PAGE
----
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GPs go forth

The gender divide is a result of an inflexible partnership model

Dr Katie Musgrave

Pulse recently reported the pay disparity between male and female GPs.

But isn’t this because women choose to work less, and take the more straightforward option of being a salaried doctor? After all, most of us would prefer to take home significantly less, but forgo the extra workload and business aspects of partnership. Wouldn’t we?

I would argue that women aren’t making this choice.

Rather, we are faced with an inflexible partnership model, which punishes anyone foolish enough to work a half day. Do you know any men who choose to work half days?

To say that the partnership model is flexible is therefore a fallacy, because the ‘flexible’ option of working a half day is an inherently unappealing option.

After all, anyone who works a half day is paid half as much, but their session will inevitably morph into something significantly longer.

So why don’t women with young children manage the full days that many of the female partners before us did? I’d argue that the reasons are twofold - the full day is now too intense and demanding alongside parenting, and the costs of wraparound childcare are prohibitive.

GPs have seen real terms pay decreases since 2004. The costs of housing have never been higher (and my generation haven't benefited from the housing boom). We have significantly higher levels of student debt. Employer pension contributions have increased. My generation of GPs don't expect to be buying the large farmhouses that senior GP partners downsize from. My point is that times have changed. The option of a full-time nanny is simply not feasible for many.

Women are faced with an inflexible partnership model, which punishes anyone foolish enough to work a half day

In a morning, before going to work, I make three children breakfast. I brush their teeth and hair. I run around my house with their clothes and wrestle them into something appropriate. I pack their bags, make packed lunches. I change the baby’s nappy. I bundle them into the car, and drive to meet our childminder near the school. I hand over the baby. I drop my daughter at school, then walk my other daughter to her preschool. Then I dash to the surgery, getting there before 9. Sound exhausting? It is!

I won’t go through what happens at the end of the day: it's basically this in reverse. I couldn’t sandwich in, between these responsibilities, being flat out in a surgery from 7.45am to 6.30pm. It would be the death of me.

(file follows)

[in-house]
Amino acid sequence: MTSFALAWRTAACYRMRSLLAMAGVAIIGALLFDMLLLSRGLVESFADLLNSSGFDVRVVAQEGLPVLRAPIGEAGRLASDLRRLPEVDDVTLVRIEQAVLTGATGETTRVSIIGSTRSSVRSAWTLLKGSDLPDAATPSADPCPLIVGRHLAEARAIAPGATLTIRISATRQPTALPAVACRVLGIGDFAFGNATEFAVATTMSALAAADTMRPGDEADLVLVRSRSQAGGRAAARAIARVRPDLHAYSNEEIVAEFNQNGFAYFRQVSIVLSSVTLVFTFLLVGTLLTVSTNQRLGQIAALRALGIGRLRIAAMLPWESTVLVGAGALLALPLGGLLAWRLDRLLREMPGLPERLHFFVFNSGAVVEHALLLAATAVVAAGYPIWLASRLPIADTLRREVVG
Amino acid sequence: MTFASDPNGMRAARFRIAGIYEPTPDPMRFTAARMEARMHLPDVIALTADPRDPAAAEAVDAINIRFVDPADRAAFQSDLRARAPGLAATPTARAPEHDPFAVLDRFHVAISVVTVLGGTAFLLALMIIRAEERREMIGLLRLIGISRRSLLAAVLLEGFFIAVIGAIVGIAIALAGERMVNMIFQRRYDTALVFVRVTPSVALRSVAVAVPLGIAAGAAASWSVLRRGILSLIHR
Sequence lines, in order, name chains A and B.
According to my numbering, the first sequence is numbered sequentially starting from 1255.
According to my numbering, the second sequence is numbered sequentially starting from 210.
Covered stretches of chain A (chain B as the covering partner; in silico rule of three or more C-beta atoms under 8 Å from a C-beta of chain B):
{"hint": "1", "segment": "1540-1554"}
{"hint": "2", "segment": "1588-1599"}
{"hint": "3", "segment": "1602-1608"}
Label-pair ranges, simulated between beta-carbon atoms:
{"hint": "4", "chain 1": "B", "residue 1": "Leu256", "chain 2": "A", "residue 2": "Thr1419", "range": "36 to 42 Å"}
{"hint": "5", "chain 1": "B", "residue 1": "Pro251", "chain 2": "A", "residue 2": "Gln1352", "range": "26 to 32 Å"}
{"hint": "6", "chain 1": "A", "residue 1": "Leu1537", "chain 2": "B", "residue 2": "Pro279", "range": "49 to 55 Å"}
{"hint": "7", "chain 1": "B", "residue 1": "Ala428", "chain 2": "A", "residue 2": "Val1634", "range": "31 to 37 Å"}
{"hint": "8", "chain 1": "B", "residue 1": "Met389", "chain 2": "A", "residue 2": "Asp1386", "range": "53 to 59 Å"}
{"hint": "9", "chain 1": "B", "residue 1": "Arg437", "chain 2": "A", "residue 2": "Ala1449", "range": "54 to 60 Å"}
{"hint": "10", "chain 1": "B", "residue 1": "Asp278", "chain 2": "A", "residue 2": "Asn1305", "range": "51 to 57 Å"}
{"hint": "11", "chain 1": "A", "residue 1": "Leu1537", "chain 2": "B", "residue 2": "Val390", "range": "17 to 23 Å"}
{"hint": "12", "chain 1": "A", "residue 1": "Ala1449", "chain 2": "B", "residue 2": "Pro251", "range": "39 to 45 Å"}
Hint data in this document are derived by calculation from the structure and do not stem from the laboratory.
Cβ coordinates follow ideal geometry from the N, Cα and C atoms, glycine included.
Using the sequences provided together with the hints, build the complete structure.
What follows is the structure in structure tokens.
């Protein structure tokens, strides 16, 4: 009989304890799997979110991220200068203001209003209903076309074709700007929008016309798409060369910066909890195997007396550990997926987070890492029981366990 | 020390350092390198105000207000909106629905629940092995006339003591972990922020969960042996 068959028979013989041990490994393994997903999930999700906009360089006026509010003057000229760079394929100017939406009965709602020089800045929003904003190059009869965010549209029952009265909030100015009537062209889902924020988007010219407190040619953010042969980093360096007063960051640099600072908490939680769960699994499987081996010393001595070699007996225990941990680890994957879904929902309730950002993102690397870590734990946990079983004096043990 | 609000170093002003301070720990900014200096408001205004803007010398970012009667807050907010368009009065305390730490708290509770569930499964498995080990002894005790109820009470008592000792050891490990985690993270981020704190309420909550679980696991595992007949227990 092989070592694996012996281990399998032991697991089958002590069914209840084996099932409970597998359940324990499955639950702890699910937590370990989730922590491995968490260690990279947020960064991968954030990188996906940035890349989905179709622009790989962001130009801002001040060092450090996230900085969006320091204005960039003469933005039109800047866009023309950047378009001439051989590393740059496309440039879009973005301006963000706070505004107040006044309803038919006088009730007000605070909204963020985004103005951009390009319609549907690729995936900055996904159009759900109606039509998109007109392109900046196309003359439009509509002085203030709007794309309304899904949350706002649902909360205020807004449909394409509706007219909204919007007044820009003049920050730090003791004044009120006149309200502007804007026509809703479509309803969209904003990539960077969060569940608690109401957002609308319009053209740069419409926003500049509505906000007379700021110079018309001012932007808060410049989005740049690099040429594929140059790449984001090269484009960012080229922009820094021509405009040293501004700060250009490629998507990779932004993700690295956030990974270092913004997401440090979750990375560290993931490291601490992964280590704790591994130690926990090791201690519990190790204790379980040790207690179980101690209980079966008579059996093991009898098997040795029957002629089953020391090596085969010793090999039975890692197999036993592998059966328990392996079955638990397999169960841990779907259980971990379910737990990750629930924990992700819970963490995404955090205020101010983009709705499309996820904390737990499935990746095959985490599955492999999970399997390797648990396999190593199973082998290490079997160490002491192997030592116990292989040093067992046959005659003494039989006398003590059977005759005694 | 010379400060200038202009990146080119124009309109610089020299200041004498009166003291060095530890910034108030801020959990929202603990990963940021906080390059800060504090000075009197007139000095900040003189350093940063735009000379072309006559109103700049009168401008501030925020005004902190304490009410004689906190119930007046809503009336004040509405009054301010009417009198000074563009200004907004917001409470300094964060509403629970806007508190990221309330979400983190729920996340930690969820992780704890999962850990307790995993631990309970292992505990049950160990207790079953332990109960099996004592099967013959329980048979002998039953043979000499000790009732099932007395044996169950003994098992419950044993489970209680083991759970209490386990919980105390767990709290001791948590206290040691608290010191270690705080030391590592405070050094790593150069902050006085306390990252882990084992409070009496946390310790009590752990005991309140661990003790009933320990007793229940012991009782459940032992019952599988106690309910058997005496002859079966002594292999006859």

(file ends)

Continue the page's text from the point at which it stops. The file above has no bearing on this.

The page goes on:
What I could manage, however, would be a 9am until 4.30pm day. This would give me the breathing space to get everyone where they needed to be. And the capacity to look after my kids at the end of the day. My husband is a GP partner. He can’t be there at 5pm for a pick up either. For a shortened day, I wouldn’t expect to be paid what a full-time partner earns. But a half day feels unfair, and an insult to my training and experience.

So, what to do? I’d suggest there needs to be a more flexible partnership model offered. Where women (or men) can opt to work shorter days, and be paid fairly for the work they do.

General practice could be a really flexible, family-friendly job. We don’t need every GP there all the time. But everyone needs to feel that their contribution is valued, and fairly remunerated.

The GPs working the longer days should be rewarded accordingly. NHS England could support general practice by offering a contribution to those surgeries who take on a ‘flexible partner’ - akin to the retainer scheme.

We need to find ways to make the best use of the GPs we have; especially all the younger, female GPs who are training. Supporting women to take up partnerships, even while they have heavy childcare responsibilities, would be a smart move. Allowing women to walk away, or minimise their clinical work, is shortsighted and foolish.

We need to break down the gender divide in partnerships, and offer women genuine choices. I’ve seen too many practice websites where the list of doctors is topped by four or five male GP partners, with a smattering of demure, female, salaried doctors, sitting beneath them. It’s 2020, for God’s sake, not the 1950s.

Dr Katie Musgrave is a GP trainee in Plymouth and quality improvement fellow for the South West

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Readers' comments (18)

  • Can’t argue with that.
    Time to end the block contract and pay for the work done.

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  • And there needs to be a guarantee of being able to leave on time. Otherwise everyone with kids chooses less sessions just to cope. Same with the pension fiasco, work is made inherently unappealing despite spending so much on training.

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  • I didn't detect any robust solutions put forward other than chucking more money in. Perhaps this is a projection of the powerlessness you feel. As a partner you have the ability to negotiate, you are not a slave. Although, being agreeable is reportedly a majority female trait. You live with the choices you make; you're not a single mother living on some down-trodden council estate working a couple of part-time cleaning jobs.